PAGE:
“It is clear that the EPIC observations have great potential to provide new insight into the short‐term evolution of volcanic SO2 clouds, and also to enable more timely detection of volcanic eruptions. The potential value of frequent UV observations of volcanic clouds has been noted in the past, and with EPIC this has become a reality,” adds Carn.

 

 

Simon Carn has received multiple research grants totaling more than $2.8 million from NASA, the National Science Foundation, the National Geographic Society Committee for Research and Exploration, the Royal Society and the European Union. His research focus is the application of remote sensing data to studies of volcanic degassing, volcanic eruption clouds and anthropogenic pollution. His main focus: SO2, a precursor of sulfate aerosol, which plays an important role in the atmosphere through negative climate forcing and impacts on cloud microphysics.

See daily images of Earth from EPIC.

Read more about EPIC.


Eight Years of Awesome—NSBE Alternative Spring Break in Detroit

Portrait of the Michigan Tech NSBE students who traveled to Detroit
University students from the Michigan Tech NSBE chapter devoted their spring break to inspire, encourage and teach high school and middle school students in Detroit. From L to R: Christiana Strong, Jalen Vaughn, Andrea Smith, Bryce Stallworth, Kylynn Hodges, Stuart Liburd, Rebecca Spencer, Jemel Thompson. Not pictured: Logan Millen

In March, students from the Michigan Tech Chapter of the National Society of Black Engineers (NSBE) traveled to the Motor City, visiting middle and high school classrooms as part of the chapter’s 8th Annual NSBE Alternative Spring Break trip in Detroit. Their goal—to engage, inspire, and encourage diverse students to consider careers in STEM—science, technology engineering and math.

Nine Michigan Tech engineering students participated: Christiana Strong (biomedical engineering); Jalen Vaughn (computer engineering); Andrea Smith (chemical engineering and pharmaceutical chemistry); Bryce Stallworth (mechanical engineering); Kylynn Hodges (computer science); Stuart Liburd (mechanical engineering and materials science and engineering); Rebecca Spencer (mechanical engineering); Jemel Thompson (environmental engineering); and Logan Millen (chemical engineering).

During the day, the NSBE students gave classroom presentations at middle and high schools. After school, they conducted Family Engineering events for K-8 students and their families with fun, hands-on activities.

“Having the NSBE Alternative Spring Break program at our school has sparked new conversations in classes and hallways about the reality of attending a university after graduation,” said Matthew Guyton, a robotics, coding, and math teacher at Communication and Media Arts High School, and a graduate of Michigan Tech’s Teacher Education Program (‘07).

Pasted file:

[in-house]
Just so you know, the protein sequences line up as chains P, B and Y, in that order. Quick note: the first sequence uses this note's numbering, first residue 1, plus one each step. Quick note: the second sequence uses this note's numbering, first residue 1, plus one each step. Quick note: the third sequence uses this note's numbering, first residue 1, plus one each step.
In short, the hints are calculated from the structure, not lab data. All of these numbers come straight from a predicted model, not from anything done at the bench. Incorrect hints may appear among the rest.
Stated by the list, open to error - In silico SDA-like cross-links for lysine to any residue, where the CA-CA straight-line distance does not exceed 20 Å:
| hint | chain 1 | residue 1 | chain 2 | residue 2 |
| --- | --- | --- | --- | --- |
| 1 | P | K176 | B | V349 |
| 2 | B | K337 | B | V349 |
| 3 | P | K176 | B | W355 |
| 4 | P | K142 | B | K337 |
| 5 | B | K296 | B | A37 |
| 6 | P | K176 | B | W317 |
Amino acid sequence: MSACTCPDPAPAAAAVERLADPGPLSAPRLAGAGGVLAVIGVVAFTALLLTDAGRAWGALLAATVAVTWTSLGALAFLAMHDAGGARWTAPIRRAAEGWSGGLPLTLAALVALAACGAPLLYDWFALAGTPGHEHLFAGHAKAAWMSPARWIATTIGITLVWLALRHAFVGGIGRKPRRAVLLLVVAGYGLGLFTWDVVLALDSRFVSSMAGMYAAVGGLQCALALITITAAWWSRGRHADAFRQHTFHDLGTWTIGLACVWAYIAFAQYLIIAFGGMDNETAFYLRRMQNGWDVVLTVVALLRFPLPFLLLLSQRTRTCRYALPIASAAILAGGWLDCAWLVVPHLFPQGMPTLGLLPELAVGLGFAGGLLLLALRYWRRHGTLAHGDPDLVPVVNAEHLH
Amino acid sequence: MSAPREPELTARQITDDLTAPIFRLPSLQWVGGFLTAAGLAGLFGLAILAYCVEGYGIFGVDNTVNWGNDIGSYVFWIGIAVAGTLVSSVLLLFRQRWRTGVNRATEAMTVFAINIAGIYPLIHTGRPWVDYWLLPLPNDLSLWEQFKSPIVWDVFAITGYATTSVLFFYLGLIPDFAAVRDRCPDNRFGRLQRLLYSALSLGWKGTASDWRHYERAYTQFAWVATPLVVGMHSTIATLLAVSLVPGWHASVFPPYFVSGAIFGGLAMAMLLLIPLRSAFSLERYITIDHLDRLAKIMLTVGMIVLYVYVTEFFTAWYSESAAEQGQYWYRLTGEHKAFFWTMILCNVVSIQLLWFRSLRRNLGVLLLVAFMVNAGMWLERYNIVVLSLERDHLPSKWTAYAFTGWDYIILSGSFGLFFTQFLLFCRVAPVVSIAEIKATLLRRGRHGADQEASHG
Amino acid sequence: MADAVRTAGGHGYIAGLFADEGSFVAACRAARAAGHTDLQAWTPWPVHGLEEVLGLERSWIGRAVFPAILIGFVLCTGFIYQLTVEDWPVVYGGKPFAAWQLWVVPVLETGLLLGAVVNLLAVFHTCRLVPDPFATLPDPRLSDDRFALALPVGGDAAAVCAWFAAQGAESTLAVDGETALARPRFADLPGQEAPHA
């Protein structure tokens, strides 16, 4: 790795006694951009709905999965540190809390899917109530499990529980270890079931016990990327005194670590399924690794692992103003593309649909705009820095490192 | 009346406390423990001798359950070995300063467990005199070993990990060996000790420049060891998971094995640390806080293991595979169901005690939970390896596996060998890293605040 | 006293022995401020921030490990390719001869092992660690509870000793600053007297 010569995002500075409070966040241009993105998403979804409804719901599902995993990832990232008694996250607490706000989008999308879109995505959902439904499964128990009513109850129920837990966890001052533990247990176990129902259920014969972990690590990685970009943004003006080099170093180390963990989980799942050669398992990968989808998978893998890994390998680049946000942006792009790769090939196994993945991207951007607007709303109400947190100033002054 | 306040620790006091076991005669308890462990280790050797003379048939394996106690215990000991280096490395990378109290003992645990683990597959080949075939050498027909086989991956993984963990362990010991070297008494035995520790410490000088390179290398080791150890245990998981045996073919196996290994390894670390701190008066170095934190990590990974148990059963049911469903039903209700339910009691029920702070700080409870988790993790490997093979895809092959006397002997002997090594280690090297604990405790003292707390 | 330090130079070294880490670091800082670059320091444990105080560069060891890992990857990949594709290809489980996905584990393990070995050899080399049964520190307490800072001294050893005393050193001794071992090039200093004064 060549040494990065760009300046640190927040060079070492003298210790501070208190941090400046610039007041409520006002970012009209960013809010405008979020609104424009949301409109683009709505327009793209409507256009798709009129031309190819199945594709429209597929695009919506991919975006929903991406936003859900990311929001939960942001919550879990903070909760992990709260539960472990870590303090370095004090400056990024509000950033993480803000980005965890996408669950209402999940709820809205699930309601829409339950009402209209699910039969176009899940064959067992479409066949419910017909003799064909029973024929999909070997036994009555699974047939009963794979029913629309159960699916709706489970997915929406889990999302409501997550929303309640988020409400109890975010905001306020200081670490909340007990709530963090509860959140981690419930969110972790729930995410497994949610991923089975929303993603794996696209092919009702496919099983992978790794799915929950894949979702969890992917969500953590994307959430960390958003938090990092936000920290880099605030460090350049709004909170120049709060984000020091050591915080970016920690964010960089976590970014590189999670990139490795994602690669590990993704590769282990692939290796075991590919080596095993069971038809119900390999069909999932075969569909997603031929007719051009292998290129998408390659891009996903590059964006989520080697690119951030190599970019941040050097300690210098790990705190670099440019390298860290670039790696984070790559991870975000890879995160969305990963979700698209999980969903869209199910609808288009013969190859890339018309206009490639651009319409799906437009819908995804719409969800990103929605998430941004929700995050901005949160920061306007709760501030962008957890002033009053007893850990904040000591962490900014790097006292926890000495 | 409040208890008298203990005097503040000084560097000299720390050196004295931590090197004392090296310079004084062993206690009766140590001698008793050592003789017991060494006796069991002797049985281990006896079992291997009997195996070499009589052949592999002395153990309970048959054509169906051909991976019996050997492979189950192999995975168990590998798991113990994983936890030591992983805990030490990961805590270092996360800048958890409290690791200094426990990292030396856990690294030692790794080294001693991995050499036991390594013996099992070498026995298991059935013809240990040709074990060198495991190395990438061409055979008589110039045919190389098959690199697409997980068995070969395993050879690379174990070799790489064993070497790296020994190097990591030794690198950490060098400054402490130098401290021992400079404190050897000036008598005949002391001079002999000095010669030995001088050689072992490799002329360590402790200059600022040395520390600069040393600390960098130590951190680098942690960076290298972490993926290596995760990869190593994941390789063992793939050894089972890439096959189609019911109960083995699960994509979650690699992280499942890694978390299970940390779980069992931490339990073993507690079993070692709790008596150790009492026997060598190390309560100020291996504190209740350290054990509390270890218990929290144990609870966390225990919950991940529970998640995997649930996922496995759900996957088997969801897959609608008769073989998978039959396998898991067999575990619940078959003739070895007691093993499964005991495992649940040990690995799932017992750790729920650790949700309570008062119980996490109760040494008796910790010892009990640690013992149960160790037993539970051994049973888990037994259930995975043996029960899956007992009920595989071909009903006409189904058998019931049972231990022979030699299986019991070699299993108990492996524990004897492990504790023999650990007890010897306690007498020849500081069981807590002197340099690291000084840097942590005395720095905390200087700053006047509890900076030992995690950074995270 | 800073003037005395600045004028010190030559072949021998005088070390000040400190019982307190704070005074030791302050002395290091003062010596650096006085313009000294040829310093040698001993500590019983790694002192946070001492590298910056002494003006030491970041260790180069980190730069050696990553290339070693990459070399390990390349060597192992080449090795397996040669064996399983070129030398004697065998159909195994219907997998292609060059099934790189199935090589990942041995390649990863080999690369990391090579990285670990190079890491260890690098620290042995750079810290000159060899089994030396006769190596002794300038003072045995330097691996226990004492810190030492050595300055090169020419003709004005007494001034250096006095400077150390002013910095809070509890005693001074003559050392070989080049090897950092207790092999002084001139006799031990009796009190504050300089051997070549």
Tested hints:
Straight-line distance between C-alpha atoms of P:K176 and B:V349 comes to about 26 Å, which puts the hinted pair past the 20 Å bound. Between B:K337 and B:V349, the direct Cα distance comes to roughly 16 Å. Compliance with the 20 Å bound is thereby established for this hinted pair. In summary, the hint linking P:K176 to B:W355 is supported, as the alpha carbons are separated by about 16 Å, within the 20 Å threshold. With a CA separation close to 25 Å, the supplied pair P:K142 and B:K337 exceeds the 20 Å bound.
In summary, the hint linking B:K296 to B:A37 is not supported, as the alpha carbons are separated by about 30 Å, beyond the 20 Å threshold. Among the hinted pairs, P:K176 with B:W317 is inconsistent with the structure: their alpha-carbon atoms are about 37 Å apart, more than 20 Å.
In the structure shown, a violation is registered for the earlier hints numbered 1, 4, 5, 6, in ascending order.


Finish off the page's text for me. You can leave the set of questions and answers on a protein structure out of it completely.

“The high school students have a lot of questions specifically about applying to college,” said Stuart Liburd, president of Michigan Tech’s NSBE chapter. “We also share our own experiences as college students. For instance, while living in the Virgin Islands, I realized that I wanted to develop technology that would help people in their everyday life,” he said. “I applied to a lot of schools but settled on Michigan Tech because I wanted to get out of my comfort zone. It was located in a place I’d never been, and I heard they got a lot of snow. I had never seen snow before coming to Michigan Tech!”

This was Liburd’s third alternative spring break in Detroit. “I want to make a positive impact,” he adds. “To put it simply, I want to live up to the NSBE motto—’to increase the number of responsible Black engineers who excel academically, succeed professionally, and positively impact the community.’”

“It was so great to have the NSBE members share their experience with our students. They opened up my students’ vision of possibilities for the future. Particularly in Detroit, engineering is typically discussed in the context of automotive so it was helpful that the broad scope of engineering was presented,” said Nicole Conaway, a science teacher at the Communication and Media Arts High School. “The students’ personal stories were especially important for our students to hear in order for them to see themselves as future engineers. A few weeks after the visit, one of my seniors proudly brought me his letter of acceptance from Michigan Tech—it was so exciting!”